webdriver-manager update

Step 4: Start the WebDriver manager

Once the web driver is started, it will automatically load and run the tests in the relevant browser.

webdriver-manager start

It is important to note that Protractor has been deprecated and will end its service by the summer of 2023. Any developer who already has their project on Protractor must find an alternative to migrate their projects to a new service. To pick an alternative, NightwatchJS is an effective alternative for Protractor. NightwatchJS is an open-source automation tool maintained by BrowserStack that is capable of automating tests. It uses NodeJS libraries, which states, you can write tests in JavaScript and TypeScript. For further information, read more about it. 

Cypress

Cypress is an end-to-end testing framework that is not limited entirely to Angular. Cypress is a full-fledged JavaScript framework that states you could start writing tests right after installing it in your system.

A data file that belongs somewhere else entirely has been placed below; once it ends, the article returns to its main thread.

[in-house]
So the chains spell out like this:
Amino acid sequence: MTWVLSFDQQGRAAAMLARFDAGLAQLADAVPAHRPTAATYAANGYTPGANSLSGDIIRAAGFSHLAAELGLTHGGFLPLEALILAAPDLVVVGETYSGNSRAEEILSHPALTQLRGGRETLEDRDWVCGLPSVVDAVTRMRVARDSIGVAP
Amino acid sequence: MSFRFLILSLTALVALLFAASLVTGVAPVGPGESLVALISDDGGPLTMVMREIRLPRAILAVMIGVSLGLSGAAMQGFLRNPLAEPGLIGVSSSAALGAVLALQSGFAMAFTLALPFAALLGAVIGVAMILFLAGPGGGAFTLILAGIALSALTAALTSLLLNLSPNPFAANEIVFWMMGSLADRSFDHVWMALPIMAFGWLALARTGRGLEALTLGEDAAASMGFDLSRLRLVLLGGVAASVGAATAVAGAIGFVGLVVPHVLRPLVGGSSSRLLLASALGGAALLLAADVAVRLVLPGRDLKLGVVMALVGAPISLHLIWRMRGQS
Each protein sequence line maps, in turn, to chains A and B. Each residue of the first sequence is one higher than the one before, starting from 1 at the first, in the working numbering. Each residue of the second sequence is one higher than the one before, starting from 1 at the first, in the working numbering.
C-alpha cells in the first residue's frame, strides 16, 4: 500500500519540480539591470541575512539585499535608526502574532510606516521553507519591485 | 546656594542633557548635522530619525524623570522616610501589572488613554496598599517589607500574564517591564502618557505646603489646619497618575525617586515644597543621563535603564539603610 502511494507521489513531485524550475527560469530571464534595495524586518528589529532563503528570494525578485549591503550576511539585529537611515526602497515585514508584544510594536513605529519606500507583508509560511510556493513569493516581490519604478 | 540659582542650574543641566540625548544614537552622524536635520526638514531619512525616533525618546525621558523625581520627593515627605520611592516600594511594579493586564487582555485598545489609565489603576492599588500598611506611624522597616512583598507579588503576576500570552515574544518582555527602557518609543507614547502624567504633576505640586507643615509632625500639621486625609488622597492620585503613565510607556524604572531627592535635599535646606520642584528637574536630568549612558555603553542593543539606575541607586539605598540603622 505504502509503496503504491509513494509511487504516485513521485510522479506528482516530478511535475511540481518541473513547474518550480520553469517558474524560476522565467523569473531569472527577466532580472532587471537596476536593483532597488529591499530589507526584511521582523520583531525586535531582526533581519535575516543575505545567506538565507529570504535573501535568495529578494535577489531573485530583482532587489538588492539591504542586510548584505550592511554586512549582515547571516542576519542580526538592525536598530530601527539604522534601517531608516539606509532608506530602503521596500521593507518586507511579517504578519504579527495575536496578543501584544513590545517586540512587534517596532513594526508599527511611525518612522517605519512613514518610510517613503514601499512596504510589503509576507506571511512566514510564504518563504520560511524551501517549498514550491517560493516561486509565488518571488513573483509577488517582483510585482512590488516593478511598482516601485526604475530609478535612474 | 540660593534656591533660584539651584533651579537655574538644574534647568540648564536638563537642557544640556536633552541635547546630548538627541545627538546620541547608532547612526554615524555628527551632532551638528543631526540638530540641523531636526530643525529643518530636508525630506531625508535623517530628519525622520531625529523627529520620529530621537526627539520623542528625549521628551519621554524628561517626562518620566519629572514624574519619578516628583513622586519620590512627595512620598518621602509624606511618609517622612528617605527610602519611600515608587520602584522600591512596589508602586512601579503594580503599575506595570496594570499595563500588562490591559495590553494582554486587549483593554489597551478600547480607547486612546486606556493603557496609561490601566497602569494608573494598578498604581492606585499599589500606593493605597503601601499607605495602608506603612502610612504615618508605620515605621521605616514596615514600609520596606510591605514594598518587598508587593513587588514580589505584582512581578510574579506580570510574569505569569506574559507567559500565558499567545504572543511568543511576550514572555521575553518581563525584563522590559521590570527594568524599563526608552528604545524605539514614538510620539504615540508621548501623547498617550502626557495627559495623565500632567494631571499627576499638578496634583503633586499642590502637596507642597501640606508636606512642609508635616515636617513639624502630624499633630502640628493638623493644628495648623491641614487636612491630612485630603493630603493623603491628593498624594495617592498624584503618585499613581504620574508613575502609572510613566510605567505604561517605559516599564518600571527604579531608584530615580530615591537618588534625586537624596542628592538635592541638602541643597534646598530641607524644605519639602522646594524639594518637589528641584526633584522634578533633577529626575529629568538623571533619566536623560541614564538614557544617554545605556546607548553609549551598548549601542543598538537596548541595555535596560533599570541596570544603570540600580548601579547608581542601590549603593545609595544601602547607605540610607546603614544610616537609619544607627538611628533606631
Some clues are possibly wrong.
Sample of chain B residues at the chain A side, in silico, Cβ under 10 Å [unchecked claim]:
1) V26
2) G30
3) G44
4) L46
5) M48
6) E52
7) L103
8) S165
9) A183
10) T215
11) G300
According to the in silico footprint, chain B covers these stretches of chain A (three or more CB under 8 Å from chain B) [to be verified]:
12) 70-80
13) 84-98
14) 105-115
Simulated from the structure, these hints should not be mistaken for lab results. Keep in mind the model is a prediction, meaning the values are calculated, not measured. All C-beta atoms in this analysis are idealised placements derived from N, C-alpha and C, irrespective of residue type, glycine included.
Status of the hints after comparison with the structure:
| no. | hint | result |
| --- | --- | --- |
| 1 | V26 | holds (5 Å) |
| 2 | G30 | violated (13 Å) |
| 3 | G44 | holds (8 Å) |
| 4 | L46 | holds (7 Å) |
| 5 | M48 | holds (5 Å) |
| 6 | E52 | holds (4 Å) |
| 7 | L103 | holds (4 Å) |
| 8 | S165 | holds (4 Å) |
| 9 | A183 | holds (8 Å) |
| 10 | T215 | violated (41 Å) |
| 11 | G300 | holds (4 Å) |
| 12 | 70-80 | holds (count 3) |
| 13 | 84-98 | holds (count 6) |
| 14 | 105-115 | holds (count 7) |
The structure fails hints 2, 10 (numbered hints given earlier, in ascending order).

Cypress is built on a new architecture and runs in the same loop as the application being tested, which makes it fast, reliable, and convenient. Moreover, Cypress provides several bundled packages such as Mocha, Chai, and Sinon. While installing Cypress, it does not require any additional downloads or dependencies. However, Cypress only supports JavaScript testing and is not very well suited for cross-browser testing. 

Creating a Test Environment

Step 1: Initialize the project

npm init

Step 2: Install Cypress via npm 

npm install cypress --save-dev

Testing AngularJS Controllers

A controller is a JavaScript Object that controls the data of AngularJS applications. The ng-controller directive defines the application controller.  

In this section, let’s test controllers with the ability of the Karma testing framework.